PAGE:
In this animation, catalogued space debris are shown accumulating around Earth in 4-year increments, including payloads, rocket bodies, and fragments. While the debris objects are not shown to scale, the representation of their density is accurate.

Monday
Feb232009

Space Debris image


Great image from MSNBC PhotoBlog that tries to demonstrate how much space junk we have put into orbit around Earth.  I think the downside of this image is that the satellites aren't to scale.  If they were all this large, they would be running into each other all the time.

If you have Windows, you can see this high-res version with Microsoft HDView, but it doesn't work on a Mac.  I was able to see it with Parallels running on my MacBook.

A computer-generated artist's impression released by the European Space Agency (ESA) depicts an approximation of 12,000 objects in orbit around the Earth. A communications satellite belonging to US company Iridium collided with a defunct Russian military satellite on February 12, 2009.  (ESA via AFP - Getty Images/)
Thanks Karen for sending in the link!

Monday
Dec012008

Voyager Infographic video


Voyager from Jaime Arvizu on Vimeo.

Jaime Arvizu, a student at the Vancouver Film School, sent me a link to this infographic video that he and his team mates (Tyler Lemermeyer and Leo Aguiar) created for their Motion Design class.  You can find a high resolution version at Jaime's blog.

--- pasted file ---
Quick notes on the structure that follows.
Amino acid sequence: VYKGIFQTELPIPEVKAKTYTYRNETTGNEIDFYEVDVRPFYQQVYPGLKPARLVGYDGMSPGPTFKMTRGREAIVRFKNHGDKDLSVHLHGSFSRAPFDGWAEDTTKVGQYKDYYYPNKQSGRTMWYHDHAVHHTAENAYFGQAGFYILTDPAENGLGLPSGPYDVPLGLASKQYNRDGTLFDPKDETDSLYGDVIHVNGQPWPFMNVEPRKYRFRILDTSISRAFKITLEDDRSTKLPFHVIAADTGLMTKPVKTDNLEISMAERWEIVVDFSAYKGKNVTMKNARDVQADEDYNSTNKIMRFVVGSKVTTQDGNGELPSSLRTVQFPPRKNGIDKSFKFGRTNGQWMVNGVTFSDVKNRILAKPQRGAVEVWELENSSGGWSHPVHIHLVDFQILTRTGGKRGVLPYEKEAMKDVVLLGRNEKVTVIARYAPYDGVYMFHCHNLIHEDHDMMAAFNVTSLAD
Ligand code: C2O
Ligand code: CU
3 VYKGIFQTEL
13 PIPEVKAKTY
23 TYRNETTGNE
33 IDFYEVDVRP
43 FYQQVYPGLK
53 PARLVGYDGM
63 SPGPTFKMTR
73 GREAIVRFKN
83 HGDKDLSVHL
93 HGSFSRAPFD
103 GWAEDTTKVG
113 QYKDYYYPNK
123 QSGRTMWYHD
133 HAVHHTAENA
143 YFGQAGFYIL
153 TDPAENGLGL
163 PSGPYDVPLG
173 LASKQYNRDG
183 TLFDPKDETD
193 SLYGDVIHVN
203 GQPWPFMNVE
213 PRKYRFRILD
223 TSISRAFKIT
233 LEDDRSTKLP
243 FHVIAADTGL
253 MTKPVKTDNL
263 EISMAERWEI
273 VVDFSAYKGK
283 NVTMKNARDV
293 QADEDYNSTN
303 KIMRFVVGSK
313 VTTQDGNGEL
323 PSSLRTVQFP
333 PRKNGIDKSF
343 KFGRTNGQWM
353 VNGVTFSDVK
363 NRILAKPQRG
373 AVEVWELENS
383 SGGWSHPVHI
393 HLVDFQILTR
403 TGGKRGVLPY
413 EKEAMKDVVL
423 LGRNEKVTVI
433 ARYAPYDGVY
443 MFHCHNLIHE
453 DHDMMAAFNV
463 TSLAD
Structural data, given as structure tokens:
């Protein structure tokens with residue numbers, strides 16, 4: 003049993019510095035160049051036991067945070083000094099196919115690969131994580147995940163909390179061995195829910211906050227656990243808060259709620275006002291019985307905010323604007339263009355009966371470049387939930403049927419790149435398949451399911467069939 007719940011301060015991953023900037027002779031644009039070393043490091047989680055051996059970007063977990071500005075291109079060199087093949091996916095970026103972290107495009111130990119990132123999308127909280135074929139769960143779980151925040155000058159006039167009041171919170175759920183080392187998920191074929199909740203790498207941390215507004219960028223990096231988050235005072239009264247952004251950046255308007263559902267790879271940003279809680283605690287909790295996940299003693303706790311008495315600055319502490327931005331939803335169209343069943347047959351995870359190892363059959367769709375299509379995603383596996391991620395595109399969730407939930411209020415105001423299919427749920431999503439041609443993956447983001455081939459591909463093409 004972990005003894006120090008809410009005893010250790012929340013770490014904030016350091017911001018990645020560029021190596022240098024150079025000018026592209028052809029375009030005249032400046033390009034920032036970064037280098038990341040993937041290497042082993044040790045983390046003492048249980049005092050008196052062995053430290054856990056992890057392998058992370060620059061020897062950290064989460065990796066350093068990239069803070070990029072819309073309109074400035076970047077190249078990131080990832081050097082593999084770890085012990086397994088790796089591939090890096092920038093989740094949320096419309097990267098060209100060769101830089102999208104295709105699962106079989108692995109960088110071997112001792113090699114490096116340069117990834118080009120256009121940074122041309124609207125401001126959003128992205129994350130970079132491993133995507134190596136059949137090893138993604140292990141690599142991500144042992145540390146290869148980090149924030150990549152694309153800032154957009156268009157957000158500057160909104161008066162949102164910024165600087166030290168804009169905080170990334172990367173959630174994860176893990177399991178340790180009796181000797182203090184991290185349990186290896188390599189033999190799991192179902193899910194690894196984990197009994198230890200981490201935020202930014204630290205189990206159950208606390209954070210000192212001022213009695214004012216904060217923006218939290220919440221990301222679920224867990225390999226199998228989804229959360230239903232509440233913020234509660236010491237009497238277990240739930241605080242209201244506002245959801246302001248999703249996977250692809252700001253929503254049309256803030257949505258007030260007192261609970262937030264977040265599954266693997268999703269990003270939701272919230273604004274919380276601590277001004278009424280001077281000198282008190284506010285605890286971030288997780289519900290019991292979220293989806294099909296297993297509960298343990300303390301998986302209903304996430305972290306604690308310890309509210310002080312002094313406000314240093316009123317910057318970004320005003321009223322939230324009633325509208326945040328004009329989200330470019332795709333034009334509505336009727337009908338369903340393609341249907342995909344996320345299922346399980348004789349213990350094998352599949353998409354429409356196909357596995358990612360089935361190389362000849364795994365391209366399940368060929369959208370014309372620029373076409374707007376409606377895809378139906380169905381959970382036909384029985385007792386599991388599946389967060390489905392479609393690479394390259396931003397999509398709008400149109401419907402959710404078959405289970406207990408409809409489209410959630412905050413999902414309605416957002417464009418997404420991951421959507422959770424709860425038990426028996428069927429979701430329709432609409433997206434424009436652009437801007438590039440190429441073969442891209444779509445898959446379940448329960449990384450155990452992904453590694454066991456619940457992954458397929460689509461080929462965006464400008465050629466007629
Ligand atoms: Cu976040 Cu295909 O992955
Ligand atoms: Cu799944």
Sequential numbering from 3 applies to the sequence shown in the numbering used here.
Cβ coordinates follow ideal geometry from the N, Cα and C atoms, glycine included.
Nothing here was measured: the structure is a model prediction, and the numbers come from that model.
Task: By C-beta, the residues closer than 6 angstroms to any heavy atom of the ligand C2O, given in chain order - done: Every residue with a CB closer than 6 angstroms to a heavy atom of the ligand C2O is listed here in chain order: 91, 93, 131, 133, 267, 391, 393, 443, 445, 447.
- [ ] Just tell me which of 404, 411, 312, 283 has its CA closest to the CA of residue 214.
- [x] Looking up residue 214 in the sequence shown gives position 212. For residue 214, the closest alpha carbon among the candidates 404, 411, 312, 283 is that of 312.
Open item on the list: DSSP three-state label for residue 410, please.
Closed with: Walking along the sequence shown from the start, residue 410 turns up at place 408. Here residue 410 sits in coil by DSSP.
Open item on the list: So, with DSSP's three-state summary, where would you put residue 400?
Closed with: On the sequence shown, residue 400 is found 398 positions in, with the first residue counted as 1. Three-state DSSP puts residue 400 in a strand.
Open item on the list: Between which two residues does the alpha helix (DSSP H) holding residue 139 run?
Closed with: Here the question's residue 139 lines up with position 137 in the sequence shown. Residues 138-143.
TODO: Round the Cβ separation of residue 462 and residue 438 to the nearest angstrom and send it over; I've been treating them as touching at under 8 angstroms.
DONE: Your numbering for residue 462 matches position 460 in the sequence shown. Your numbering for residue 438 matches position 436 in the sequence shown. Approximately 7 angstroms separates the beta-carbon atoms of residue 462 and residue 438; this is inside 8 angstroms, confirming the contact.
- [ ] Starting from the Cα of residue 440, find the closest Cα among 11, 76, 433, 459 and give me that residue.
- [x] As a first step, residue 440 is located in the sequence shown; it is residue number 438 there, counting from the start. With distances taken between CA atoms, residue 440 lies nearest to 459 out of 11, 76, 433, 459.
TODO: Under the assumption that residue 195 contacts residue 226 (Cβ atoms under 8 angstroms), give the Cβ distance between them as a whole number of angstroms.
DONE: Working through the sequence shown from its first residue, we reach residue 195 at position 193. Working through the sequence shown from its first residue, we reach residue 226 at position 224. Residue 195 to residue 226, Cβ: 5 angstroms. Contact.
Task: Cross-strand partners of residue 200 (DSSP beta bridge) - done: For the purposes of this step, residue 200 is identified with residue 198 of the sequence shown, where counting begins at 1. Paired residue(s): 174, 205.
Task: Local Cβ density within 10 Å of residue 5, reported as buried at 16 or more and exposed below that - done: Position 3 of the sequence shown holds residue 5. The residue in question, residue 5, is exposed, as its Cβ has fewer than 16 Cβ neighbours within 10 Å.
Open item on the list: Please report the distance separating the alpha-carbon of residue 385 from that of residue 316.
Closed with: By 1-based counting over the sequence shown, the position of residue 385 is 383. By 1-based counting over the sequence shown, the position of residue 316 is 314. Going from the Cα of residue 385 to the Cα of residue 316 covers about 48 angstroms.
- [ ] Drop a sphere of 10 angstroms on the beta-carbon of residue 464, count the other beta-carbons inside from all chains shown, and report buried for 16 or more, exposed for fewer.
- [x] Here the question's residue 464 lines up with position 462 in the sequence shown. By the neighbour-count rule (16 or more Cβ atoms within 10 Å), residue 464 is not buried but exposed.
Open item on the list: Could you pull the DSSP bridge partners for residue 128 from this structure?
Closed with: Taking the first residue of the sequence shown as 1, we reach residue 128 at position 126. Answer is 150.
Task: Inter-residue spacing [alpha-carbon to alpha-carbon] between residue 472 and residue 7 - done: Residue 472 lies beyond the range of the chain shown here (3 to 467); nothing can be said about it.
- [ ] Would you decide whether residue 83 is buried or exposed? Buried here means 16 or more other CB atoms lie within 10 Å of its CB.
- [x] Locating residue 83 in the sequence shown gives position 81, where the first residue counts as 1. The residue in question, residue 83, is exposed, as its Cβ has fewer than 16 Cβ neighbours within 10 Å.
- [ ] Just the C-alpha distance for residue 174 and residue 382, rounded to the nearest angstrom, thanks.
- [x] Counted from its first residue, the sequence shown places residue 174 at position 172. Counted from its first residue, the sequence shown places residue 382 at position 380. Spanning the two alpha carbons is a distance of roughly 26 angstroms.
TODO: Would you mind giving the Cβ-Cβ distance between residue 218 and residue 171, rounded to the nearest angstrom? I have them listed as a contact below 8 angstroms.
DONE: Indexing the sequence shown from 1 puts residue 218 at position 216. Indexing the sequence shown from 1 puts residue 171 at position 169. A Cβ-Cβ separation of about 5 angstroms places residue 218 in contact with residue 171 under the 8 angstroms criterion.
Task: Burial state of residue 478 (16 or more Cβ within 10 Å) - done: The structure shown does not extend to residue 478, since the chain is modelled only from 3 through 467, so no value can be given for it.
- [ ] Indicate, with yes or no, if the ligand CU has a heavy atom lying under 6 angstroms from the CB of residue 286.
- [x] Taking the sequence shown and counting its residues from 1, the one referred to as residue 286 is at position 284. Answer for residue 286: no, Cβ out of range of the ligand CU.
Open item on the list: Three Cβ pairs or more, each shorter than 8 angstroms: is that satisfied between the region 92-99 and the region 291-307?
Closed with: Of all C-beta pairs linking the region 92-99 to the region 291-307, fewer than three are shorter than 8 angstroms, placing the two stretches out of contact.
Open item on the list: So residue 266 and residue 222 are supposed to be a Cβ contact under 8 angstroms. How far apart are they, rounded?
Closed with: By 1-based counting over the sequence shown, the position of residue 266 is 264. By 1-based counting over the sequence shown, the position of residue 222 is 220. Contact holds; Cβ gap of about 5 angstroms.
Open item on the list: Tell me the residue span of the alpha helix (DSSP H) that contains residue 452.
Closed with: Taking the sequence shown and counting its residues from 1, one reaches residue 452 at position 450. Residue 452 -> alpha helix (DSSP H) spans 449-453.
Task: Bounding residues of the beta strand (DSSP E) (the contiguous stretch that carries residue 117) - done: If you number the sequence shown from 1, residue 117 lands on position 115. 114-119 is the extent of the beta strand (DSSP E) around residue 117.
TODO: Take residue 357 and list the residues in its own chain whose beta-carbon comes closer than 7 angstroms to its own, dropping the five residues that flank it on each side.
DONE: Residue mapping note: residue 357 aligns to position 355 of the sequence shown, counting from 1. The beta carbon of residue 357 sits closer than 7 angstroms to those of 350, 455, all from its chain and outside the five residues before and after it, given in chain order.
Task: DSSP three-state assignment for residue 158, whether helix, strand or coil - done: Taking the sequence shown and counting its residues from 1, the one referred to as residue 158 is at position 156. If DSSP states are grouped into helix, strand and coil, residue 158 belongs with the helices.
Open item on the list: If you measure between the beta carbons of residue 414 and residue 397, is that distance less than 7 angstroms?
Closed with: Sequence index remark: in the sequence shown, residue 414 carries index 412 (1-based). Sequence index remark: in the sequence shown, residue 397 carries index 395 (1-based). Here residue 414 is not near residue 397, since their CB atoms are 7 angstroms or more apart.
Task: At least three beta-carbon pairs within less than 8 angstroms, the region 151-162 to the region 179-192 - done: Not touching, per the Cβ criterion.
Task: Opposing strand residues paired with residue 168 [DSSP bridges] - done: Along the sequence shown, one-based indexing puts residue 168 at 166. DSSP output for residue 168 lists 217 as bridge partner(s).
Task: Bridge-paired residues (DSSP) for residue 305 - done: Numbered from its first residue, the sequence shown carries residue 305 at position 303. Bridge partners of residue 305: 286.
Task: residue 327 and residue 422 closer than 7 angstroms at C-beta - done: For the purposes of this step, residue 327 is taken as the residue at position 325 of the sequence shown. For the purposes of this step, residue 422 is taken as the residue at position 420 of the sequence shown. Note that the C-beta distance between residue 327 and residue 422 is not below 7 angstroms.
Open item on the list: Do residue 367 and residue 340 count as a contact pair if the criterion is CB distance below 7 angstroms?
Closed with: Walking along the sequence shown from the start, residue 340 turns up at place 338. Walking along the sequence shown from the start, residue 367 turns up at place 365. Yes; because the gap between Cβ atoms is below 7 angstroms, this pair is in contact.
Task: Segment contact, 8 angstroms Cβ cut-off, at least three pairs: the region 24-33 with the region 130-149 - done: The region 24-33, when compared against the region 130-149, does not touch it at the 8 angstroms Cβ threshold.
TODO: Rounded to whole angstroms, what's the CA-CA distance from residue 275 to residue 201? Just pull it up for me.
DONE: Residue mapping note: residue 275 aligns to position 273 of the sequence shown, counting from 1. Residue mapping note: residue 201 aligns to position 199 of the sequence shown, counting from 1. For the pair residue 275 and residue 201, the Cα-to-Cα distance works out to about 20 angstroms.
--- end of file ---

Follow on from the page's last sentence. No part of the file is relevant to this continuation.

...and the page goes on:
Thanks for sending this in Jaime, I love it!

Saturday
Nov292008

How Star Wars Changed the World


The original Star Wars has certainly gone on to produce more than just sequels.  It has created the people and the technologies that are now considered the best in the industry.  Michelle Devereaux created this family tree for Wired magazine back in 2005 and I love how the line colors indicate people, technologies and company connections, but the tree is organized into movies, sound, effects and technologies.

I actually believe the tree is incomplete.  I think Star Wars had far greater reach and influence that what Michelle mapped out here.

It all started with a band of rebels who wanted to help a farmboy follow his dream.  Three decades later, the Star Wars empire has grown into one of the most fertile incubators of talent in the worlds of movies (Lucasfilm), visual effects (Industrial Light & Magic), sound (Skywalker Sound), and videogames (LucasArts).  Along the way, some of the original Lucas crew has gone on to become his biggest competitors.  This chart maps the people, companies and technologies touched by the Force. - Michelle Devereaux
Thanks Alwyn!

Wednesday
Jul302008

Bio-Suit EVA Infographic Poster

From the Man Vehicle Lab at MIT, an infographic poster from professor Dava Newman and illustrator Cam Brensinger.  The poster shows the technology development in spacesuits and some future design concepts.

Sunday
Jan202008

Race to the Moon


Cool poster I found over at historyshots.com shows the altitudes reached by all of the U.S. and Russian launches leading up to the 1969 moon landing.

From 1961 to 1969 the USSR and the United States were locked in a history-making race to land the first person on the moon. This detailed map explains the story of this titanic contest in a clear and informative manner.